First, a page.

Dan Winkler’s Stats Finally Match Eye Test, Time for Cubs to Change Direction

The first time I saw Dan Winkler pitch was as a member of the Braves when he came on in relief against the Cubs. Someone in the crowd at Wrigley was taunting him by calling him Henry Winkler, who famously played Arthur Fonzarelli in those Happy Days reruns that were a mainstay on the WGN of my youth. And just like his trollified namesake, Winkler appears to have jumped the shark.

Or maybe it’s the regression monster Winkler had been trying to avoid. Either way, the razor-sharp teeth of reality have taken a big, wet bite out of his backside after he spent the first part of the season acing the stats quiz despite frequently flunking the eye test.

Through his first 23 appearances of 2021, Winkler boasted a 1-0 record with six holds and a sterling 0.44 ERA that would have you thinking he was an elite reliever. But he had also walked 11 batters, nine of which came in four separate multi-walk outings that made several of his outings a little more stressful than necessary. That’s why his 3.42 FIP and 4.89 xFIP — a number inflated by the fact that he’d not allowed a homer — were at such odds with his ERA.

That was through June 4, just before MLB announced plans to enforce its rules on the use of sticky substances by pitchers. In four appearances from June 5-18, Winkler posted a 6.75 ERA with four walks and five strikeouts while also giving up his first homer of the year. His 6.93 FIP and 5.91 xFIP show that the results weren’t all that flukey, small though the sample size may have been.

In 20 appearances since MLB’s enforcement became official, Winkler has an 11.40 ERA with 15 walks and 15 strikeouts across 15 innings pitched. He has also given up four homers in that time. The numbers are inflated by the 12 runs he’s allowed on nine hits and five walks over just 1.2 innings over his last three outings, but it sure looks like Winkler is having trouble adjusting to the stricter rules.

First 23 appearances: 20.2 IP, 0.44 ERA, 4.89 xFIP, 20 K, 11 BB, 12 H, 0 HR
Next 24 appearances: 19 IP, 10.42 ERA, 6.93 xFIP, 20 K, 19 BB, 20 H, 5 HR

That or he’s just falling back to a more natural level of production after outperforming his projections across 18 appearances last season and then through the first half this year. Winkler is 31 years old and isn’t under contract for next season, so regardless of the reason for his regression, it seems prudent for the Cubs to move in a new direction with the bullpen and get a little younger.

There really shouldn’t be any concern for starting anyone’s service-time clock early because pitchers, particularly relievers, are much more of a risk when it comes to health and consistency. As such, the Cubs should be looking to promote one of several players from Triple-A who could get a little seasoning in Chicago over the next few weeks.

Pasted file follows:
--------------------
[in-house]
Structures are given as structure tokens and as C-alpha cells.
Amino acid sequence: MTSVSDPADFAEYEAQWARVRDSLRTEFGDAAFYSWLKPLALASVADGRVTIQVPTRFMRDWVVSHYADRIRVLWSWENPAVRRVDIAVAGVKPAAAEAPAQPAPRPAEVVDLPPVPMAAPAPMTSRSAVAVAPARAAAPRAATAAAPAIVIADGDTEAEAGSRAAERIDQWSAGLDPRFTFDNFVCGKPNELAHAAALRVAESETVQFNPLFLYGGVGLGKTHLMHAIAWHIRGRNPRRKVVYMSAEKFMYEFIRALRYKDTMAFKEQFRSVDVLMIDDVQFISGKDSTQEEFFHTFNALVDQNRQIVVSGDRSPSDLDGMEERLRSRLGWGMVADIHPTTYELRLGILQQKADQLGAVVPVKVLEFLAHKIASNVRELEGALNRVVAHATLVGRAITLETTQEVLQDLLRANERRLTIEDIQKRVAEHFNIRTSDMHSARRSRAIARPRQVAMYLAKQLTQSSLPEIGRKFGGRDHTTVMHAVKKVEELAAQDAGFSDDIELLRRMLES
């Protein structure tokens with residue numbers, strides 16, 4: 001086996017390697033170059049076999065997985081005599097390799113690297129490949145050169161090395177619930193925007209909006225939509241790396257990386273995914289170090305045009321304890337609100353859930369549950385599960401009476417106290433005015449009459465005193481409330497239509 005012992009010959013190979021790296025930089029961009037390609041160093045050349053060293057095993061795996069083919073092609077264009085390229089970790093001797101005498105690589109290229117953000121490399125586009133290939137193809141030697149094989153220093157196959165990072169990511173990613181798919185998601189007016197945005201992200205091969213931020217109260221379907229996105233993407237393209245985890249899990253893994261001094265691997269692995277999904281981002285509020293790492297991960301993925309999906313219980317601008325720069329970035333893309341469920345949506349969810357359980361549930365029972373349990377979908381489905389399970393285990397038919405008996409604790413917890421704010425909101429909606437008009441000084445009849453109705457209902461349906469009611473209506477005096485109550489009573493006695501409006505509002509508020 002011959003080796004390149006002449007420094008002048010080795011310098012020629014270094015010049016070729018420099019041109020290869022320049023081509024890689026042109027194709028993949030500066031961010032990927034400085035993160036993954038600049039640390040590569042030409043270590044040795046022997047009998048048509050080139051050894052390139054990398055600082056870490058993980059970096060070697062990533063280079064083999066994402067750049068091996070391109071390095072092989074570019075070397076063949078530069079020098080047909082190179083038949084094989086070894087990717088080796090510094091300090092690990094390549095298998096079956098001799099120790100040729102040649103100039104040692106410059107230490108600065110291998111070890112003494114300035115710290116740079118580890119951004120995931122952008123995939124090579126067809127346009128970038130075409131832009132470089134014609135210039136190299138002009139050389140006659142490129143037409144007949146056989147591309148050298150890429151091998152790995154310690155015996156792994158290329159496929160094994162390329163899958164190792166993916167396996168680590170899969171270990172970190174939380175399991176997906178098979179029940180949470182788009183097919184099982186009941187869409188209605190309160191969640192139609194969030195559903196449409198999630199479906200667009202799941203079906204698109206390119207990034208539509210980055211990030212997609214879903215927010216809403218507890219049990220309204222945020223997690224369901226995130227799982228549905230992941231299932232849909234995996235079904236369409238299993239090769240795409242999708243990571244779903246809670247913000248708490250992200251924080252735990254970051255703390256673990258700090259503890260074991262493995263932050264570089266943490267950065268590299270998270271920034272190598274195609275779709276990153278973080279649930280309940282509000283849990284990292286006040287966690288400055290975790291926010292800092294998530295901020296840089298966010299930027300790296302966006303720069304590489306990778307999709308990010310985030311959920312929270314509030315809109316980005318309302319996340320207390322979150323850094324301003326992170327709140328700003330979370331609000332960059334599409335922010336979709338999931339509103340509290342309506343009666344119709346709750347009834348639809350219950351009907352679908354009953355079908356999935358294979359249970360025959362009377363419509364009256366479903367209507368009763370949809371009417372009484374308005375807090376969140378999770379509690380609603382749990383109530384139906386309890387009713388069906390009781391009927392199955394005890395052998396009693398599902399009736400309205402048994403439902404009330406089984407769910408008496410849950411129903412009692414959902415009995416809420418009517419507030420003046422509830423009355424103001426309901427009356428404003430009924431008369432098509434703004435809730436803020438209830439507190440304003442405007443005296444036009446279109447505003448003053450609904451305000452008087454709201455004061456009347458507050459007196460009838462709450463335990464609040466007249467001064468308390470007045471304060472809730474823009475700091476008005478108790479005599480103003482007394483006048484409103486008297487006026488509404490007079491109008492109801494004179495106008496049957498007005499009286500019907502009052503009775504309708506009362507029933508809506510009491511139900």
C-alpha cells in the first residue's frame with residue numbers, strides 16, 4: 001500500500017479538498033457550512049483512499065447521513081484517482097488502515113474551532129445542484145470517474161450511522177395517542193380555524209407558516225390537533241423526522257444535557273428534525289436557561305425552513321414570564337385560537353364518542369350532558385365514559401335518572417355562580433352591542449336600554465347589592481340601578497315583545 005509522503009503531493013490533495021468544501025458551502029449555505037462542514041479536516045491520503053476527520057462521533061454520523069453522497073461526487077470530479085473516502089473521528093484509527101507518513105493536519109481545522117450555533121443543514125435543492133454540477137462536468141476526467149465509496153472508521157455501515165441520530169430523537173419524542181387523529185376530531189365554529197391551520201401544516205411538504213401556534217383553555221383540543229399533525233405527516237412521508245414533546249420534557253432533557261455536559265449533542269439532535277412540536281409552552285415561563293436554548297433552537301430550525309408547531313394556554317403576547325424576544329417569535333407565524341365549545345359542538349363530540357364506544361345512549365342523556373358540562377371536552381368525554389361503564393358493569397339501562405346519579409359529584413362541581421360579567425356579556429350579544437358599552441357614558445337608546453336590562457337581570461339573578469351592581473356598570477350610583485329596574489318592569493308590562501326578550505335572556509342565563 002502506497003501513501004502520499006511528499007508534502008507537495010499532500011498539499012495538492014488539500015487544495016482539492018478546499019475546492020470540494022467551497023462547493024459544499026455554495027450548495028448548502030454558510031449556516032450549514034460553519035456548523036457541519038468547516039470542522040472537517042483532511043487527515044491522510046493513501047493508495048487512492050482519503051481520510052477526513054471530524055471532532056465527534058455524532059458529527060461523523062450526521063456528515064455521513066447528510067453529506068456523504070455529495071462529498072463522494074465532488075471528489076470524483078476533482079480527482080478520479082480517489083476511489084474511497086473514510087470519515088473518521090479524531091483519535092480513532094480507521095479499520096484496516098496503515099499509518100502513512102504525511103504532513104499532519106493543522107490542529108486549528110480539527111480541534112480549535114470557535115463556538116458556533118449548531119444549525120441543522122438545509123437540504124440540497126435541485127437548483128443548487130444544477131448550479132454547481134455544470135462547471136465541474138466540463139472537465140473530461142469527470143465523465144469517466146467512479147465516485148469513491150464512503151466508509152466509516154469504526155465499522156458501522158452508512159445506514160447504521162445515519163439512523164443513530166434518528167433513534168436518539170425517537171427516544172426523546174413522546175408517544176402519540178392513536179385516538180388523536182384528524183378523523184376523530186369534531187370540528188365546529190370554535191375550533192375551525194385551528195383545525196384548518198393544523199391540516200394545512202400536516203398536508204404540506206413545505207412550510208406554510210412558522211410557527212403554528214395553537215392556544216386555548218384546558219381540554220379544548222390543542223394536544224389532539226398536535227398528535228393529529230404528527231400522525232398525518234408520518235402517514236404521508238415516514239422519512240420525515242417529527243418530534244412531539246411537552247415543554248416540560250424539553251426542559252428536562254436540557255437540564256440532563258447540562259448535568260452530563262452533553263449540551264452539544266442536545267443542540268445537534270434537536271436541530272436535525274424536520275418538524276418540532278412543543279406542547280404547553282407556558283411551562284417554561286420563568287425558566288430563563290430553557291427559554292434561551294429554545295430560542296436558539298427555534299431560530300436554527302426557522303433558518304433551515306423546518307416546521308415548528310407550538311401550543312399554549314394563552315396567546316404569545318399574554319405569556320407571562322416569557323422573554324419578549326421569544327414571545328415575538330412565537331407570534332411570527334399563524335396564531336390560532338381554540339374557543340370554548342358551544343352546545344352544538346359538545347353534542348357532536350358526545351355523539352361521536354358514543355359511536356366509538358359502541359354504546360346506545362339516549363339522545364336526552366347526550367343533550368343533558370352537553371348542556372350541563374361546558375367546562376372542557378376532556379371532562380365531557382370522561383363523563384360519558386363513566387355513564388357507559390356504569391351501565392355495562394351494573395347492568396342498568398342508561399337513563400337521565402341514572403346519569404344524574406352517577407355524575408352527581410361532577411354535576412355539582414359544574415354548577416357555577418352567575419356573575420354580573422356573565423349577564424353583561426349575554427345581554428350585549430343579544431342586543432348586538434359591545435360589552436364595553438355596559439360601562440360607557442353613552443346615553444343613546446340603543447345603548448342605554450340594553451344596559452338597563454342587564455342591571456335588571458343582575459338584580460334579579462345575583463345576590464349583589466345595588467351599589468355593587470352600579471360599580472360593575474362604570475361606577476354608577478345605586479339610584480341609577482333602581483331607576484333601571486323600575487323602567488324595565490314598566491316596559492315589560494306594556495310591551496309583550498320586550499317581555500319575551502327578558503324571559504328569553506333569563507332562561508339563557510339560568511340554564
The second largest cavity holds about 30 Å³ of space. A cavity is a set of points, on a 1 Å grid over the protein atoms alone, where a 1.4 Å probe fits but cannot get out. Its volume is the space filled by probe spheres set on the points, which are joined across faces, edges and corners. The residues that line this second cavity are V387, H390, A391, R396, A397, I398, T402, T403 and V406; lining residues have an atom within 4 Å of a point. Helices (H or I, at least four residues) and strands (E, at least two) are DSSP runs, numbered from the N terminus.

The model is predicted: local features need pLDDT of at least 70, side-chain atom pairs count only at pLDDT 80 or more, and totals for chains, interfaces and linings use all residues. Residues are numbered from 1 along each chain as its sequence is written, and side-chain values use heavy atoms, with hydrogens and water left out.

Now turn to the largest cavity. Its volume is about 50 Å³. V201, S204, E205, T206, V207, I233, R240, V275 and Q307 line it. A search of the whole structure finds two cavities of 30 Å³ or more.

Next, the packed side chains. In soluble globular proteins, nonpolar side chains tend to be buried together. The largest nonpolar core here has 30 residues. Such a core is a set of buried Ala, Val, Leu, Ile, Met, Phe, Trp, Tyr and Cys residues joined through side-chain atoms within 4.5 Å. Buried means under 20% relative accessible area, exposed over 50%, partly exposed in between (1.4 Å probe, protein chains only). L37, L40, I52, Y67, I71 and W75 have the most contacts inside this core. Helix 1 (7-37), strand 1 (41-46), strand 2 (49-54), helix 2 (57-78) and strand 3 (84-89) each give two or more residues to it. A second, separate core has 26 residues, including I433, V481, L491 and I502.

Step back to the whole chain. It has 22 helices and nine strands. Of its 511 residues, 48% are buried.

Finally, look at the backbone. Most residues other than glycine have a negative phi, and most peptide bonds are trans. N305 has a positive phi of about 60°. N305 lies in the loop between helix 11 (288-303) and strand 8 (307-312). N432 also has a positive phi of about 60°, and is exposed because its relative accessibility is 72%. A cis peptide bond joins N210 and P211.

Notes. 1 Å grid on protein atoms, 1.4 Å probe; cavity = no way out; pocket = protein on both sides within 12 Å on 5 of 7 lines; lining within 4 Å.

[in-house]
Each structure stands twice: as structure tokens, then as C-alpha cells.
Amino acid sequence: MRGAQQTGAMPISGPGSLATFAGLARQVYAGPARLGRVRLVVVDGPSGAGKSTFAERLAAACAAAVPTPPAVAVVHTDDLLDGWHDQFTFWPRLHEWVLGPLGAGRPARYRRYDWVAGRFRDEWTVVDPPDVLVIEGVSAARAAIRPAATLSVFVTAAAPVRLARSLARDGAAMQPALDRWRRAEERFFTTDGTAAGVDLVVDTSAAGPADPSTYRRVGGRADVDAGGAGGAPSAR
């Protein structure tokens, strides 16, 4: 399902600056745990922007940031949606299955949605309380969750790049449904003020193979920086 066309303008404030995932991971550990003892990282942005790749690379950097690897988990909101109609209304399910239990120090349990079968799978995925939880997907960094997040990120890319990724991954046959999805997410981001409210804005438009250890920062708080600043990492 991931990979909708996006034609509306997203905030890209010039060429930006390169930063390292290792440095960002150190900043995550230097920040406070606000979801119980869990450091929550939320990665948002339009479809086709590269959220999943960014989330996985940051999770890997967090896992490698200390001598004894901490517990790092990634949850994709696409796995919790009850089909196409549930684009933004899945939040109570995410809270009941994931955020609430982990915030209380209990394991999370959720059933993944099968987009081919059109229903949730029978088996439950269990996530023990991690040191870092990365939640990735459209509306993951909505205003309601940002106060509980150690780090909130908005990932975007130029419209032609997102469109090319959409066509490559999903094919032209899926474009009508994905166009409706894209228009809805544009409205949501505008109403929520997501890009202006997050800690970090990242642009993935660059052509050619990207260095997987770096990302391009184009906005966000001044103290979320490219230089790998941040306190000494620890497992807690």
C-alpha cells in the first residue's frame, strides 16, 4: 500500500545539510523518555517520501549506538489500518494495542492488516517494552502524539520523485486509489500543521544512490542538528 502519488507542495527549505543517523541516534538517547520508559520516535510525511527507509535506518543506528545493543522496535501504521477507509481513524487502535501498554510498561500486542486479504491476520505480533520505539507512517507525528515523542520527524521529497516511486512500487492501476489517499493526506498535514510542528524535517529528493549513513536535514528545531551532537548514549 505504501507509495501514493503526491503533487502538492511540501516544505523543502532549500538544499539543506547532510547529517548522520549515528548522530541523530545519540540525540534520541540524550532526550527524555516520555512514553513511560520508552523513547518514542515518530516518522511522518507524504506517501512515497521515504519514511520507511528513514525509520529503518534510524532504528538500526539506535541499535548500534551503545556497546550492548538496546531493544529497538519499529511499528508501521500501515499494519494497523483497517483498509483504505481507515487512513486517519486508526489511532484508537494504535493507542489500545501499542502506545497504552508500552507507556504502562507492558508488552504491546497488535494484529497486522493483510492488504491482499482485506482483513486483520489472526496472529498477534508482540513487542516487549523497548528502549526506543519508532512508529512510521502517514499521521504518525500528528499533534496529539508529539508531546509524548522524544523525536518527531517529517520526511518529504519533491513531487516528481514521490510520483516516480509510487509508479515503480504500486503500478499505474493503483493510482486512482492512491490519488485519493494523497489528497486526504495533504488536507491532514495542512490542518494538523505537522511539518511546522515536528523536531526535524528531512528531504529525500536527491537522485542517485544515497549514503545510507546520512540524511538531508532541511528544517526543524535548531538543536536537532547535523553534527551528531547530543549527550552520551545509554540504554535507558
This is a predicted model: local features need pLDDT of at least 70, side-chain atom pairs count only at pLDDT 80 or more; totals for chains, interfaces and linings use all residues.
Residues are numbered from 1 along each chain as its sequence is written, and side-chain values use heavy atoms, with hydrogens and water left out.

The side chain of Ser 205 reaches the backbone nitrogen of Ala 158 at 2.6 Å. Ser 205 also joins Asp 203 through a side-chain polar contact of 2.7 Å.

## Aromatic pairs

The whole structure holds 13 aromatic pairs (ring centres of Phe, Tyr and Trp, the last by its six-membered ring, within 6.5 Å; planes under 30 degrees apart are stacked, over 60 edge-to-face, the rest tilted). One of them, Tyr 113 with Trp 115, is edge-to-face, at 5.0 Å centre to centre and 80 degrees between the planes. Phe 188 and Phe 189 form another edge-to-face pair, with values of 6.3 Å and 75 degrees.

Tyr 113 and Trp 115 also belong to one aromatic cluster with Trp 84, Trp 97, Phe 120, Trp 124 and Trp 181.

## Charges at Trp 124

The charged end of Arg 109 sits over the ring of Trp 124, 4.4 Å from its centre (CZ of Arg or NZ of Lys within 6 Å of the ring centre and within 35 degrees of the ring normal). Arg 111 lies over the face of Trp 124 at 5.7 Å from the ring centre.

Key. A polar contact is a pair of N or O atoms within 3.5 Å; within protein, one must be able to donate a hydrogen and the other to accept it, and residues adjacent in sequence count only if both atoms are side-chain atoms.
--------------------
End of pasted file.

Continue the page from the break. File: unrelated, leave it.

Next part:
Among the names that come to mind first are Ben Leeper and Dakota Mekkes, the latter of whom has been hanging out at the top of the system for a while now. Mekkes has been used somewhat sparingly because he’s a multi-inning guy and he was shelved for nearly a month in June and July due to shoulder issues, but it might be time for the Cubs to see what they’ve got in him.

Leeper is only 24 and this is his first year of affiliated ball, but he’s posted a 1.31 ERA with an .091 opponent batting average and he’s struck out 31 batters to nine walks over 20.2 innings with Iowa. That will play.

Another very intriguing option is 27-year-old righty Scott Effross, who will be eligible for minor league free agency next season and should be under consideration for the 40-man roster. After plateauing at High-A Myrtle Beach in 2019, the Cubs sent Effross to Mesa mid-season to change to a sidearm delivery. He didn’t get much of a chance to use it in competition due to the cancellation of the minor league season in 2020, but he’s been great for Tennessee and Iowa this year.

Since two poor performances shortly after his promotion to Triple-A, one of which came in a brief run as a starter following other roster moves, Effross has really settled in. He has a total of 62 strikeouts to 13 walks over 55.1 innings this year and that sidearm delivery presents a different look from anything else the Cubs have. Jed Hoyer has talked before about liking guys with a little funk and he’s mentioned several times that the Cubs need strike-throwers.

I am willing to guarantee Effross would be an upgrade in the middle innings and the Cubs would get a chance to see if he’s got what it takes to play a role moving forward. Now is when the team needs to be figuring these things out, so might as well give a new guy some run. If nothing else, Effross gives fans a chance to tell the manager what they think about the job he’s doing.

Update: Winkler has been DFA’d.

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